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I am struggling to understand the Hermite interpolation algorithm using divided differences. I am reading from Pg.23/24 here

In their notation, $m_j$ denotes the

"number of derivatives that we have to interpolate for each point $x_j$"

So, for example, $m_0$ is the number of derivatives that we have to interpolate for the point $x_0$.

Then they write We let $n$ denote the total number of points including their multiplicities

Okay, this I understand. However, their next line is what confuses me:enter image description here

Why do they have $m_1, m_2, \cdots , m_{\ell}$ as underbraces there? Don't the $m_j$ variables denote the number of derivatives that we have to interpolate for the $x_j$ point? In the following example, you can see my confusion.

Then they say the interpolation polynomial is $p_{n-1}(x) = f[y_0] + \sum_{j=1}^{n-1}f[y_0, \cdots, y_j] \prod_{k=0}^{j-1}(x - y_k)$


I want to walk through their $2.18$ example of finding the interpolating polynomial that satisfies $p(x_0) = f(x_0), p(x_1) = f(x_1), \; p'(x_1) = f'(x_1)$.

So we have two nodes $x_0, x_1$. We have zero derivatives that we have to interpolate at $x_0$ so $m_1 = 0$. There is one derivative that we have to interpolate at $x_1$ so $m_2 = 1$. $n$ is suppose to be the total number of points including their multiplicities so $n = 3$, but from my logic it should be equal to only $1$ since $n = m_1 + m_2$.

What is going on?

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The zeroth derivative counts as a derivative we have to interpolate. You knew that from the fact that Lagrange interpolation works. Also there is a typo; it should be: $$\{y_0,\dots,y_{n-1}\}=\{\underbrace{x_0,\dots,x_0}_{m_0},\underbrace{x_1,\dots,x_1}_{m_1},\dots,\underbrace{x_{\ell},\dots,x_{\ell}}_{m_{\ell}}\}$$ Having fixed up that possibly confusing typo in your text, we have to interpolate the function at $x_0$, so $m_0=1$. Then we have to interpolate both the function and its first derivative at $x_1$. so $m_1=2$. In general, if you have to interpolate the function and its first $n$ derivatives at $x_j$, then $m_j=n+1$. There is also a typo in your last formula. It should read: $$p_{n-1}(x)=f[y_0]+\sum_{j=1}^{n-1}f[y_0,\dots,y_j]\prod_{k=0}^{j-1}(x-x_k)$$ So we take divided differences: $$\begin{align}f[y_0]&=y(x_0)=y_0\\ f[y_0,y_1]&=\frac{y(x_1)-y(x_0)}{x_1-x_0}=\frac{y_1-y_0}{x_1-x_0}\\ f[y_2,y_1]&=\lim_{x\rightarrow x_1}\frac{y(x)-y(x_1)}{x-x_1}=y^{\prime}(x_1)=y_1^{\prime}\\ f[y_0,y_1,y_2]&=\frac{f[y_2,y_1]-f[y_1,y_0]}{x_2-x_0}=\frac{y_1^{\prime}-\frac{y_1-y_0}{x_1-x_0}}{x_1-x_0}=\frac{(x_1-x_0)y_1^{\prime}-y_1+y_0}{(x_1-x_0)^2}\\ p_2(x)&=y_0+\frac{y_1-y_0}{x_1-x_0}(x-x_0)+\frac{(x_1-x_0)y_1^{\prime}-y_1+y_0}{(x_1-x_0)^2}(x-x_0)(x-x_1)\end{align}$$ So let's check it out: $$\begin{align}p_2(x_0)&=y_0+0+0\\ p_2(x_1)&=y_0+(y_1-y_0)+0=y_1\\ p_2^{\prime}(x_1)&=0+\frac{y_1-y_0}{x_1-x_0}+\frac{(x_1-x_0)y_1^{\prime}-y_1+y_0}{x_1-x_0}=y_1^{\prime}\end{align}$$ So it looks good!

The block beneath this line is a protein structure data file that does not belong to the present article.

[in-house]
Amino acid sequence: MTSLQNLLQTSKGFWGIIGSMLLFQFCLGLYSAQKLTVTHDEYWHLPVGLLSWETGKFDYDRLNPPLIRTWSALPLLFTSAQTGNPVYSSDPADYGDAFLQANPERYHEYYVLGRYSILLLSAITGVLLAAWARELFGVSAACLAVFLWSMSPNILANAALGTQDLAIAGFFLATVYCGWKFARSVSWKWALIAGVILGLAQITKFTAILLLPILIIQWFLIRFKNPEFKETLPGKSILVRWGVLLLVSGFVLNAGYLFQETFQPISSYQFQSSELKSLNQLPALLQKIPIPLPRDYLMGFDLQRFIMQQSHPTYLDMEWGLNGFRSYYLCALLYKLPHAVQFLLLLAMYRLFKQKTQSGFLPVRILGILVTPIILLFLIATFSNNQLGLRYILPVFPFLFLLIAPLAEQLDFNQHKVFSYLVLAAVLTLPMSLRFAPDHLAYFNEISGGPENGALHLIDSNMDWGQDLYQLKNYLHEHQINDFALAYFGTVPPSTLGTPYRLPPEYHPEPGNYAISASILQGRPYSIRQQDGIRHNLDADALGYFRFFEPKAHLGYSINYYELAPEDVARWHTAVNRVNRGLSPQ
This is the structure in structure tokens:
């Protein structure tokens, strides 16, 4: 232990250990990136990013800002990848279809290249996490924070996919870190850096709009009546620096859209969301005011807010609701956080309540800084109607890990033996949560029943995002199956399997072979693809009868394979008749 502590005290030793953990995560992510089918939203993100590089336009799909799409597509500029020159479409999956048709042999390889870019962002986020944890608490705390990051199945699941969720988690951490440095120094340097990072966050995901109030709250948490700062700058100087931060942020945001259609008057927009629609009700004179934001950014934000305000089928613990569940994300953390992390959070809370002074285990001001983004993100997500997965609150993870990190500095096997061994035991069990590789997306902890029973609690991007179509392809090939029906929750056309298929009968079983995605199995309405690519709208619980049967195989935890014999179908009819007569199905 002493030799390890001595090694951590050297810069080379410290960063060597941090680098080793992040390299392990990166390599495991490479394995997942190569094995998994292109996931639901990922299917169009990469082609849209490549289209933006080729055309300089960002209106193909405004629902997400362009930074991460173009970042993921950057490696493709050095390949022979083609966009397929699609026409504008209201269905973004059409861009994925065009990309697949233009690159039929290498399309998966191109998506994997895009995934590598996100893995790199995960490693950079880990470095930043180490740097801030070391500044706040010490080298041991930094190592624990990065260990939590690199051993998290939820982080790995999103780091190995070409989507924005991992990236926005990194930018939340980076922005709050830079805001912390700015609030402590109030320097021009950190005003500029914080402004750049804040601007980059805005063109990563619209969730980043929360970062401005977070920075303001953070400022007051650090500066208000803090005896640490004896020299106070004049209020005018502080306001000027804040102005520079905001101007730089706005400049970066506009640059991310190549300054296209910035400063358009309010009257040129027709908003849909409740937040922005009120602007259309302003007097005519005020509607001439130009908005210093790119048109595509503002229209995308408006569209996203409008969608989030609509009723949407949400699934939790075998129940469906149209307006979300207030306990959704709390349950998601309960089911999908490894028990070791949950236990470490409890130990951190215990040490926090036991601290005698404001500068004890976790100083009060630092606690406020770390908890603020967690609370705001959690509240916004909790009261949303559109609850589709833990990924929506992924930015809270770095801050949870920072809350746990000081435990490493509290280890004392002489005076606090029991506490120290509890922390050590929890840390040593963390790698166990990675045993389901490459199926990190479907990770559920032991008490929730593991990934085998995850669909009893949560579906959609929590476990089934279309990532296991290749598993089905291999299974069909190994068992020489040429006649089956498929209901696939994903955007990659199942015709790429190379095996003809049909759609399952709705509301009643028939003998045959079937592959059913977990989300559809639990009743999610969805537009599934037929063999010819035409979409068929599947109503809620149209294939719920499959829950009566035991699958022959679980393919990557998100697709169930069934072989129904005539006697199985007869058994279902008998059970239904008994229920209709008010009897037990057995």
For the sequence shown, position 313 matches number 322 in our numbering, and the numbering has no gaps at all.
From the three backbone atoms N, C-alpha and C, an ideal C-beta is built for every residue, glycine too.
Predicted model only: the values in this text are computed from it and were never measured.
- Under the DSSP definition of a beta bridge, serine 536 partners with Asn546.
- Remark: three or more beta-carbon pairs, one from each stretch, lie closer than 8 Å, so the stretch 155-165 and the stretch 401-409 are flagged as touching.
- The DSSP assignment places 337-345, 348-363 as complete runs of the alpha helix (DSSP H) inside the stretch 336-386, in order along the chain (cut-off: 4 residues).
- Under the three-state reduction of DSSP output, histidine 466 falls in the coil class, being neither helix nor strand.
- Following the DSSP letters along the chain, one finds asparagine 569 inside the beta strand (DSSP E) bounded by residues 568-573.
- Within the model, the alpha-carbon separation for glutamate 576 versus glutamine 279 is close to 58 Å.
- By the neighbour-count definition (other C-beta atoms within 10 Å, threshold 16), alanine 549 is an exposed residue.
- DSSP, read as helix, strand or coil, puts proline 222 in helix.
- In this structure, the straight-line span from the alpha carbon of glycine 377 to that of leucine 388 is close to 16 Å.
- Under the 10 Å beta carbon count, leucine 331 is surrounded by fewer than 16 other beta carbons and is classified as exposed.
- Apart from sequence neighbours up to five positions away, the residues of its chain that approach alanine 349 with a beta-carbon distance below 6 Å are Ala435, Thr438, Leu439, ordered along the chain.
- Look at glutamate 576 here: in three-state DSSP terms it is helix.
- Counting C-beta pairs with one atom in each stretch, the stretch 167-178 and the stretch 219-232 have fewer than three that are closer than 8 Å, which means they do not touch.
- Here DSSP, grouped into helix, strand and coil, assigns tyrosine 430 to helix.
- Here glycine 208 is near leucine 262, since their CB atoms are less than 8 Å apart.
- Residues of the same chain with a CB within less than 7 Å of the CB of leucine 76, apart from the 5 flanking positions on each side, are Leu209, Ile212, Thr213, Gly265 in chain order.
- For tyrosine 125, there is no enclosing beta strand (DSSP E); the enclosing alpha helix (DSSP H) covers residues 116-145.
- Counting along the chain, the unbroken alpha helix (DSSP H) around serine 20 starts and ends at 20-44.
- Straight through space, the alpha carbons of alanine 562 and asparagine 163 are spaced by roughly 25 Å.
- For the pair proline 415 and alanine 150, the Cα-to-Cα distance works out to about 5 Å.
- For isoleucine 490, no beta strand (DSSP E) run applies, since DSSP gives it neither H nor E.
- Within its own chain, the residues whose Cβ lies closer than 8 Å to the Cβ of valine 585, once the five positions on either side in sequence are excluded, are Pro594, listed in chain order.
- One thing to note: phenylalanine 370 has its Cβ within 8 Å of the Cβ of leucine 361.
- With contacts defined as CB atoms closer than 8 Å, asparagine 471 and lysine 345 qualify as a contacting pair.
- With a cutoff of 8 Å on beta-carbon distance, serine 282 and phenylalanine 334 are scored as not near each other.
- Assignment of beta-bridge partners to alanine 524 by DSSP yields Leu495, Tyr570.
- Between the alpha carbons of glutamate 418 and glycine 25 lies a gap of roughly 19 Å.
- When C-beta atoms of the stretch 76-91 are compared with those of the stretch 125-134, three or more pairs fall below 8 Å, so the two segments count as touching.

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  • $\begingroup$ Ah this makes so much sense now! I feel sorta silly for have asked. Thank you! $\endgroup$ – Taln Feb 23 '18 at 4:48

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